South Africa unrest: We are not a failed state, but a failed global system
South Africa encapsulates global inequalities – and the kinds of tumult we’ll see more and more of worldwide – inside national borders.
South Africa is in a tough spot at the moment and it’s frightening to see a system that already feels so fragile begin to implode. Over the past week, we’ve witnessed plunder and the destruction of property on a scale not experienced before. These actions were supposedly triggered by protests following the imprisonment of former president Jacob Zuma, but there remain many unanswered questions as to what was at play to ignite the fuse.
This is the reality of living in a country that encapsulates global inequalities inside national borders. What we see here has relevance and resonance far beyond our own shores.
Inequality in South Africa is amongst the highest in the world. So is unemployment, especially for those under 25. This is the same generation of people who see through their cellphones everything they cannot have and will likely never have but has been promised of the post-apartheid world. But of course we are not post-apartheid in a global sense, and even locally it is far more complicated.
South Africa is reeling from COVID-19. In the middle of a very cold winter, we are also in our third wave. Almost all of us have lost friends and loved ones to the virus, while many jobs have been temporarily or permanently removed from the employment ecosystem. Millions of our citizens fed their families on social security grants. Initially a special Covid-19 grant was provided that gave R350/month ($24) to all those with no other income. Stretched over a month, that is well below the international poverty line and on the absolute brink of physical survival, and the support was not extended after April, just when the third wave began to hit.
Wealthier countries have managed to vaccinate, but we are only just beginning in earnest, so many people are sick, frightened, hungry, and despairing, and rightly so because from here the future does look very bleak. On a collapsing planet, what is our place? Faced with the advances of technology and ever-shortening global supply chains which are rapidly transforming production systems, how will we ever create the necessary jobs? How will we sustain lives and livelihoods at scale and in a way that recognises the unique right of each person to self-determination?
We are at a breaking point across the board, and though the acts of looting and wanton destruction we have seen are utterly horrifying, it does not take too great a leap of imagination and compassion to understand them. More and more, as a planet, this is what we will be facing in the coming years.
Most readers outside South Africa will see the videos of looting and violence and the military coming in to respond. You will see the mob at its worst and the country on its knees, and you will grieve Mandela’s dream. What I ask you to remember is that all stories are nuanced, and here too, there are many sides to the narrative. All around the country, people have come together to protect what they value, and they will do so more and more in the coming days in remarkable deference to democracy and the public good.
The taxi industry, which is often at the heart of social unrest, has stood on the side of public protection and explicitly called for the protection of both lives and livelihoods. Businesses, government, civil society and community organisations are working together closely and will work together more. Thousands of people have already cleaned up the destruction that others have wrought.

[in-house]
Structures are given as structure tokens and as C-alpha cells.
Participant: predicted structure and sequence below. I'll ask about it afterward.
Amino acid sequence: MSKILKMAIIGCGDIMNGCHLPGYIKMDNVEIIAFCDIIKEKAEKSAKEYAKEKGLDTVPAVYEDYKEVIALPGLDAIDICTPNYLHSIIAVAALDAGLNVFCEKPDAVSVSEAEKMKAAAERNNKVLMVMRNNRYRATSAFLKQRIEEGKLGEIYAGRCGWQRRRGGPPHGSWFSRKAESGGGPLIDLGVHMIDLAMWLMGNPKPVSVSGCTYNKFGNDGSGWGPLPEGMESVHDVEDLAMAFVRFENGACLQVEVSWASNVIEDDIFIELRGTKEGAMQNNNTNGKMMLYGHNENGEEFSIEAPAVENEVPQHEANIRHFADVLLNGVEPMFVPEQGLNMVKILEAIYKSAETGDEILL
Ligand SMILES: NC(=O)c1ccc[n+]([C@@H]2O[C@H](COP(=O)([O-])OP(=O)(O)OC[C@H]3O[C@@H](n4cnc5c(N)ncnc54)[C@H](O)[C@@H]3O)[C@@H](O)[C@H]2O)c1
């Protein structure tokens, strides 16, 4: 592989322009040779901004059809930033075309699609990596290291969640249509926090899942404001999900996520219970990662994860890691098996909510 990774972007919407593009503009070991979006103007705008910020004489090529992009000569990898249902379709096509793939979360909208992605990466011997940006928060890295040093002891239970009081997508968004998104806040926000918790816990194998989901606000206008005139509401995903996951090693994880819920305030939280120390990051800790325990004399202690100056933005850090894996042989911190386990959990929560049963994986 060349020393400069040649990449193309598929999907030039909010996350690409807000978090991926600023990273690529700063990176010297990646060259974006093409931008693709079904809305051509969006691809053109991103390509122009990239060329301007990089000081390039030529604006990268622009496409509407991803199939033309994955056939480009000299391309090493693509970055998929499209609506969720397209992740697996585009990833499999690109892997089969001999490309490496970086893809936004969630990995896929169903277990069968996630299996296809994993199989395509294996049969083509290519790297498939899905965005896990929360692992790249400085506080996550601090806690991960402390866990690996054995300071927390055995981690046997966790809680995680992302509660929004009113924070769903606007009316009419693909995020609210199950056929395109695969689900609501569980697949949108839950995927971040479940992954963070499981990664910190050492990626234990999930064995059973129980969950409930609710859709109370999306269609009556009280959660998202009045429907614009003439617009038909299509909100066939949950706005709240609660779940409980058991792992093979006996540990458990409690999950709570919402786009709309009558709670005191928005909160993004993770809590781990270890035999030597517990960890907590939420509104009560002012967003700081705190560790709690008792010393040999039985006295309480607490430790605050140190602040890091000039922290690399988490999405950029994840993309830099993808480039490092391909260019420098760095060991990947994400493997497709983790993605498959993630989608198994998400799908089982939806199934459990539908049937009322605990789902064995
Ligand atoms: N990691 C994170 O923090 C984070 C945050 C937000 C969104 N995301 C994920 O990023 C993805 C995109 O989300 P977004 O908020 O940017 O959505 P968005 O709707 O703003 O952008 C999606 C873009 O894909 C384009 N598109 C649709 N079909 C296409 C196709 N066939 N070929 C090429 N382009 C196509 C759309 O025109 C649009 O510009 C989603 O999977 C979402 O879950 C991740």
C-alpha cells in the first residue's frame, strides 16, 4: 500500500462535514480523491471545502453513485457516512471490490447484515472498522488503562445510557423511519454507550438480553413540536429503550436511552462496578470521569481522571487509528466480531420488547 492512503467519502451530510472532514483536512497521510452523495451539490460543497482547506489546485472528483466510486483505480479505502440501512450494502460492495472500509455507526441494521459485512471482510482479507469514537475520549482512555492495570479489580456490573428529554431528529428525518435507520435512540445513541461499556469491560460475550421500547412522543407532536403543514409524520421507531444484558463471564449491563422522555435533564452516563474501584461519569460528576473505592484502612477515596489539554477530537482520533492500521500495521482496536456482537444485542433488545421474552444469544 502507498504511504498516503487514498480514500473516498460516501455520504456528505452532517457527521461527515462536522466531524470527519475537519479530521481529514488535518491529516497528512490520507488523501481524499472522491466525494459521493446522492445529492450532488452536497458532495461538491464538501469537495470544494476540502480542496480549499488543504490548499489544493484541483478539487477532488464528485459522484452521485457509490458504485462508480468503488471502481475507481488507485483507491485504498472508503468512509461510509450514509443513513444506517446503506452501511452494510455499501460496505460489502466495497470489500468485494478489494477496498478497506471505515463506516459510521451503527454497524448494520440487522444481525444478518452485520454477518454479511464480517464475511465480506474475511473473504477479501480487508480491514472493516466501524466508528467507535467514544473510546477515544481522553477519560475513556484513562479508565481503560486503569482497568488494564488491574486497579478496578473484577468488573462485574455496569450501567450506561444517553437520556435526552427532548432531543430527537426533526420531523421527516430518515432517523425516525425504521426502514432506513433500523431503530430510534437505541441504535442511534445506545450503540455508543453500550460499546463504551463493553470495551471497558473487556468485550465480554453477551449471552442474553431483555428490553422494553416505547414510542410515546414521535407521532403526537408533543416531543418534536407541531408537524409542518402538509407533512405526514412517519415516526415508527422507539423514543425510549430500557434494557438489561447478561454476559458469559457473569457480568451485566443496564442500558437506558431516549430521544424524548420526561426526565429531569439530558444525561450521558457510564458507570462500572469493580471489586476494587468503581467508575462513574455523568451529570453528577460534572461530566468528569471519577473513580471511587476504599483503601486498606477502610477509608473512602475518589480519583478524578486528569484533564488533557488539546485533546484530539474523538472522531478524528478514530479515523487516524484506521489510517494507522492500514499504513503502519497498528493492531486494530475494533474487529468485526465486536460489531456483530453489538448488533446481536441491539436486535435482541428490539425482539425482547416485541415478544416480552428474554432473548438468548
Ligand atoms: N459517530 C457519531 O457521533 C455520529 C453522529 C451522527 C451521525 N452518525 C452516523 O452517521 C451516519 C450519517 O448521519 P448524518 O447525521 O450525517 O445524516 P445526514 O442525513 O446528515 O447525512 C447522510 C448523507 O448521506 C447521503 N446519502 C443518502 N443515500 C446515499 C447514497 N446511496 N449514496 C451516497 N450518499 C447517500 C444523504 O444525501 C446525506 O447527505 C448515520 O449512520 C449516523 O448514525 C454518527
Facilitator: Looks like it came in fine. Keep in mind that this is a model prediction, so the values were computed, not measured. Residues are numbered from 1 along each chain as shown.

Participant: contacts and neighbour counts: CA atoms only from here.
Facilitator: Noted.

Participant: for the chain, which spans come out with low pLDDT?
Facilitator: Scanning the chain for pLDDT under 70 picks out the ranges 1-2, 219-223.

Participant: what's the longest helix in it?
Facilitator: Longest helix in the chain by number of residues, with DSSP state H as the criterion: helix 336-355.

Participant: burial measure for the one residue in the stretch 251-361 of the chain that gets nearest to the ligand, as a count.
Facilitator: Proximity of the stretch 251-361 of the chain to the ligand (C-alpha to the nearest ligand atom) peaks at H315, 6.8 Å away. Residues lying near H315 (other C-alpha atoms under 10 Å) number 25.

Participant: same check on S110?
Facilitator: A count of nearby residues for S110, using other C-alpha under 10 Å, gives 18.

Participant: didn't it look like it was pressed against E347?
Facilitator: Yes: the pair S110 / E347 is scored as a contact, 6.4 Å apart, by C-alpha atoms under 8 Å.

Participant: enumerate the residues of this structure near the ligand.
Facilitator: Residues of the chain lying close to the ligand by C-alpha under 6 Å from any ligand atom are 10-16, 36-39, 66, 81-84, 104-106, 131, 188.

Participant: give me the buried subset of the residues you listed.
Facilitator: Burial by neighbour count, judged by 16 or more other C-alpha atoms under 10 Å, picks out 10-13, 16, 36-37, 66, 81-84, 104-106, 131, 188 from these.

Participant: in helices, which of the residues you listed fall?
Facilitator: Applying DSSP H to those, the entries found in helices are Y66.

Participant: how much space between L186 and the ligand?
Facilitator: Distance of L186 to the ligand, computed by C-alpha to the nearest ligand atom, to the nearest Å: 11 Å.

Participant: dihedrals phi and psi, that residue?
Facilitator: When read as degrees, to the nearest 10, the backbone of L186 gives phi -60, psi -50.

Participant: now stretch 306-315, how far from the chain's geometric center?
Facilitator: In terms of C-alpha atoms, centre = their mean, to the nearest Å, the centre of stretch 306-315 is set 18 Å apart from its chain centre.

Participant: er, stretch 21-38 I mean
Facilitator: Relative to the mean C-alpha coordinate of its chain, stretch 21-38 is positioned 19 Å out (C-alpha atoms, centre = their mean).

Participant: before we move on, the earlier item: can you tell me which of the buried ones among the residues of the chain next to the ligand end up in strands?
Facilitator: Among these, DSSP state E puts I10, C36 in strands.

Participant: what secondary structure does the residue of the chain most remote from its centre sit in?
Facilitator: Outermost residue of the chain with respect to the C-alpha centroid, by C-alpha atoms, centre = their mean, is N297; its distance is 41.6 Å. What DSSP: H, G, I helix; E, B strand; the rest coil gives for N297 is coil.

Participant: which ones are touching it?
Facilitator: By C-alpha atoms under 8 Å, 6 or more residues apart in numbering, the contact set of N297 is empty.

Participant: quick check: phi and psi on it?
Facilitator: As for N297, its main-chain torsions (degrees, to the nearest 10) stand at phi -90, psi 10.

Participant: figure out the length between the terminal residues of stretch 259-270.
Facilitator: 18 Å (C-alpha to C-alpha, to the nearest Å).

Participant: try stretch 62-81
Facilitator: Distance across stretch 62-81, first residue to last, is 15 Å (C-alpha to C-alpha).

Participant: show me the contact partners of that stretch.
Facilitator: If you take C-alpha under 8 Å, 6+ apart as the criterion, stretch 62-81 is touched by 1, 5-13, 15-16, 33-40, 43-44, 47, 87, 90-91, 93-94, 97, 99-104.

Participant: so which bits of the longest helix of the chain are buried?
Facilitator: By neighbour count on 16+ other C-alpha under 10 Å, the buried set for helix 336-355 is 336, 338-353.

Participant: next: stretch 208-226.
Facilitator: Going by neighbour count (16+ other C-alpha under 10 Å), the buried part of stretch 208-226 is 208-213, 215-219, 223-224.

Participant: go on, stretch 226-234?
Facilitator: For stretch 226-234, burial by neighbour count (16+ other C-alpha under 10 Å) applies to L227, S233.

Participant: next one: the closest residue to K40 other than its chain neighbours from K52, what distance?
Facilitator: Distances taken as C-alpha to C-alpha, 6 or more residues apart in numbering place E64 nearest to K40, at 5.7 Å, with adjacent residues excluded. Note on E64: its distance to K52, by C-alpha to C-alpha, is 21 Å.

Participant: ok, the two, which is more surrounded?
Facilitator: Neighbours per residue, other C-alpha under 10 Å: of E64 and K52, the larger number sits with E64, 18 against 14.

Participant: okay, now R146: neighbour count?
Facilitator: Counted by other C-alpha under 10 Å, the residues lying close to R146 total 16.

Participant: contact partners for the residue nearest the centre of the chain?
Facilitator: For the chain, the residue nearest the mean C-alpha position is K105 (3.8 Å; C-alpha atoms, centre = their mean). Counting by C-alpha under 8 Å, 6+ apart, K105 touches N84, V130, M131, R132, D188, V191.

In some communities, looters have been made to return the goods by local leadership. In others, food has been kept but everything else taken back. In every household, decisions are being made: to join in, to respond with rage and fear, or to find the best of ourselves and to act with the humanity that also defines this nation.
We have seen the worst of who we are, but in the coming weeks, we will also see the best. Kindness does not lend itself to viral videos and international headlines, but if it weren’t for that care and the million micro-kindnesses that are also being enacted, we would suffer so much more. We hope our political leadership rises to the challenge and guides us through – we trust that they will, but they might not, and we could become a little more broken than we already are.
Living in a suburb of Cape Town gives one a particularly curious perspective on South Africa. It is both the same and very different to living abroad: the same because the level of privilege and personal bodily comfort is roughly equivalent, and different because unlike those who have national borders between them, there are only a few blocks between those who have full fridges and those who have no fridges at all.
But this is how capitalism works in the world, and until we come up with new systems of distribution at a global scale it is what we must live through with frankness and a recognition of what is at stake. The lenses go in all directions: everyone can see both ways, and poor countries cannot accept rich countries’ behaviour any more than poor South Africans can accept a system that benefits some at the expense of the many. COVID-19 has simply thrown this into stark relief.
Can we overcome the crisis of imagination that has meant most of us accept what is, or can we use this as an opportunity to think freshly about what the world should actually be? We in South Africa have been through these moments before. As before, we will get through. My hope is that those far away at least try to see the nuance in the narrative: we are not a failed state, but a failed global system – South Africa just clarifies what is actually going on.